On February 11, 2015, an Italian three-judge panel found Captain Francesco Schettino guilty of manslaughter of 32 cruise ship passengers traveling aboard the Costa Concordia off the Italian Coast on January 13, 2012. The panel’s rulings include guilty verdicts on other charges in connection with the shipwreck, including personal injury to passengers and the Captain’s abandoning of the cruise ship. Captain Schettino was sentenced to 16 years prison time. One of the most alarming allegations asserted at the Captain’s trial was that the Captain deserted the ship before cruise passengers and crewmembers got off the ship. According to Prosecutor Alessandro Leopizzi, the Captain safely made his way to land “without even getting his feet wet”.
During the trial, testimony was presented emphasizing alleged crew errors and equipment malfunctions during the frenzied period surrounding the shipwreck. Equipment malfunctions allegedly included failure of an emergency diesel generator, elevators’ failure to shut down during the shipwreck and language barriers with the ship’s crew, some of which barely spoke English.
Despite these allegations, principals of Costa Crociere SpA were not criminally charged with manslaughter and Costa Crociere SpA has placed sole responsibility on the Captain. Many of the victims and surviving families believe that Costa Crociere SpA, owned by Carnival Corporation, should be held accountable for the death and horrifying pain and suffering caused by the shipwreck. In 2013, Italy fined Costa Crociere SpA one million euros. In response, Costa Crociere SpA requested a plea bargain on the sanctions imposed on the cruise line for its employee-committed crimes. It appears that in addition to the monetary sanctions, five employees of the cruise line entered into plea bargains which granted lenient sentences, none of which included prison time.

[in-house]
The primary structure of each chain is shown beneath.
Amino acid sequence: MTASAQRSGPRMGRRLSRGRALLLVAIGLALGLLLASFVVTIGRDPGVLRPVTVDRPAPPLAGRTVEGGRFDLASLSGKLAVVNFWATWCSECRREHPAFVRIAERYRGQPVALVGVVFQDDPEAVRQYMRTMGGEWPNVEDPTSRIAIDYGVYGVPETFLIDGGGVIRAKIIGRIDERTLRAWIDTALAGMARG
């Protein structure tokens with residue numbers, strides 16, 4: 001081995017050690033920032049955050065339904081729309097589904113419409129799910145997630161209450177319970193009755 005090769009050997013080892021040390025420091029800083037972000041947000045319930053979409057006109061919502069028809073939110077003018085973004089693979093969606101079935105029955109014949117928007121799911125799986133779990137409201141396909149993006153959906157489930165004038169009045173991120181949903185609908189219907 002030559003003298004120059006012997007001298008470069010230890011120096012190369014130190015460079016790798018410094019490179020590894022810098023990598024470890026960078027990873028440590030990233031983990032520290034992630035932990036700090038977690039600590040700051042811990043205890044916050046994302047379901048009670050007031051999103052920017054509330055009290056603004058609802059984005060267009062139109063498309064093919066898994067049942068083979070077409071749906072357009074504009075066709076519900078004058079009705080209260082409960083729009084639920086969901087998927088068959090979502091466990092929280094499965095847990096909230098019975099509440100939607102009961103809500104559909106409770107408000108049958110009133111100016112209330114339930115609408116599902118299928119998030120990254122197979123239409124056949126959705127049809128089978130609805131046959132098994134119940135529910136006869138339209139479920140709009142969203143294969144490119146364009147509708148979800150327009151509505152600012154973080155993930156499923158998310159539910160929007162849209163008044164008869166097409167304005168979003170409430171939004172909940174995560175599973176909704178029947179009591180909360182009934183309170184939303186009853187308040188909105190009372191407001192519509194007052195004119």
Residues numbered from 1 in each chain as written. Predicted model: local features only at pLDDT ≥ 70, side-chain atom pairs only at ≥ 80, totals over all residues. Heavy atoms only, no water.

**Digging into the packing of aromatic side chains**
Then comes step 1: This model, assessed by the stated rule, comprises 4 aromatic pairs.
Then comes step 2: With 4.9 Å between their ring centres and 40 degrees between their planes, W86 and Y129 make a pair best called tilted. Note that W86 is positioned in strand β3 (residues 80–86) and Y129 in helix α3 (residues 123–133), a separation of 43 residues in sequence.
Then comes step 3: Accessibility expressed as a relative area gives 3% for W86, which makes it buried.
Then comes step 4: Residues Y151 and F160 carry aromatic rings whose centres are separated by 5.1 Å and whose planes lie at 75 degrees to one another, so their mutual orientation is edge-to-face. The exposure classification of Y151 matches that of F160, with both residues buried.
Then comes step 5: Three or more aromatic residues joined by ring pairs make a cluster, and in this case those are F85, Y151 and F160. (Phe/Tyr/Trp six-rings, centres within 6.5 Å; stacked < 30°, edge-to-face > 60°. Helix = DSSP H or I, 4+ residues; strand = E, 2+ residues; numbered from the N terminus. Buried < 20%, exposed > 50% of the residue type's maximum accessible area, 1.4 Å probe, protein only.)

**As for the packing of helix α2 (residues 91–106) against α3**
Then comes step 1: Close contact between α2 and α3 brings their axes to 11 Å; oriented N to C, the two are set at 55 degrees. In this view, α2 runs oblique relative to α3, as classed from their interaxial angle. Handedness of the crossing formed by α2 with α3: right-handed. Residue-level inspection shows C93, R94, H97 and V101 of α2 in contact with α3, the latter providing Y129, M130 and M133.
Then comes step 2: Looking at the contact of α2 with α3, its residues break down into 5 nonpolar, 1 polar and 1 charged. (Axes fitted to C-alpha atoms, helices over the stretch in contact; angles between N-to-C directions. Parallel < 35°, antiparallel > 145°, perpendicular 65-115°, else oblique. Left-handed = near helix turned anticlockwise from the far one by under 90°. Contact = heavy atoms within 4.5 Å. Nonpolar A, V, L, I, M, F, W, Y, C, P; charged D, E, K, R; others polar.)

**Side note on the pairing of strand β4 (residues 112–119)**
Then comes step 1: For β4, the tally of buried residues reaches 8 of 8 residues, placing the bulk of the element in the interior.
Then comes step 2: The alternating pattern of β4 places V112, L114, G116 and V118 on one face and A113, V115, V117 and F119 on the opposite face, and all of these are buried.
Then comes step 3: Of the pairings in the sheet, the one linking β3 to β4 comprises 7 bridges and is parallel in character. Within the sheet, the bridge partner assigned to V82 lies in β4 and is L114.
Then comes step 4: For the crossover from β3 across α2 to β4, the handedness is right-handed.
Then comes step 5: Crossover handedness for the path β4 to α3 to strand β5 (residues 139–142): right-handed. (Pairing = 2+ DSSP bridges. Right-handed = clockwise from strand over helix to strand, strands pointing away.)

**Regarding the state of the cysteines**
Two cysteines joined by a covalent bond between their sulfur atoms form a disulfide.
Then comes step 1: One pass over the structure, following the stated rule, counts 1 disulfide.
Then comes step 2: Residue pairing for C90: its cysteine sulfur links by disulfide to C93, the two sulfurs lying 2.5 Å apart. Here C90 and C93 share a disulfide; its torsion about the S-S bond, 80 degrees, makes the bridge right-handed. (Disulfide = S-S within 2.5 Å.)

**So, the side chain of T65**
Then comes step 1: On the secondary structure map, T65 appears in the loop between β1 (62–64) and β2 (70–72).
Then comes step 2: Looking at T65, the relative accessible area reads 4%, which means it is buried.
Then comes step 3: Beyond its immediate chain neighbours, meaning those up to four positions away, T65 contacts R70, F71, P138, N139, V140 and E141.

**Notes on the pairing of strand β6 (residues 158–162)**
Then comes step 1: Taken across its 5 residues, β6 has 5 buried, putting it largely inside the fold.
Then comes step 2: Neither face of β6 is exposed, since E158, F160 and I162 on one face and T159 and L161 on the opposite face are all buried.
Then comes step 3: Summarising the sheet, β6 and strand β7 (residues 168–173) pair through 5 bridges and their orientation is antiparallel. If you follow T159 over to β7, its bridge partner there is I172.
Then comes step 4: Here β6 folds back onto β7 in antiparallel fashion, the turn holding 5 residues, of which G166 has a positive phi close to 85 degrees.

At least one lawsuit filed by U.S. passengers against Costa Crociere SpA for the tragic Concordia shipwreck was dismissed by a California district court under forum non conveniens, a legal doctrine which dictates the most convenient location for a lawsuit based upon the location of physical evidence and witnesses. At the Captain’s trial, Costa Crociere SpA’s lawyer Marco De Luca dismissed any supporting basis for punitive damages against Costa Crociere SpA. According to Mr. De Luca, it is “not in the least bit possible … that Costa Crociere in some measure could have been able to prevent a disaster of this kind.” It is unfortunate and a travesty for the victims’ families and survivors to be forced to go without just compensation if they are not allowed to seek accountability and compensation from Costa Crociere SpA IF the equipment malfunctions truly occurred in the manner alleged.
Costa Concordia captain convicted in deadly shipwreck, CNN, February 11, 2015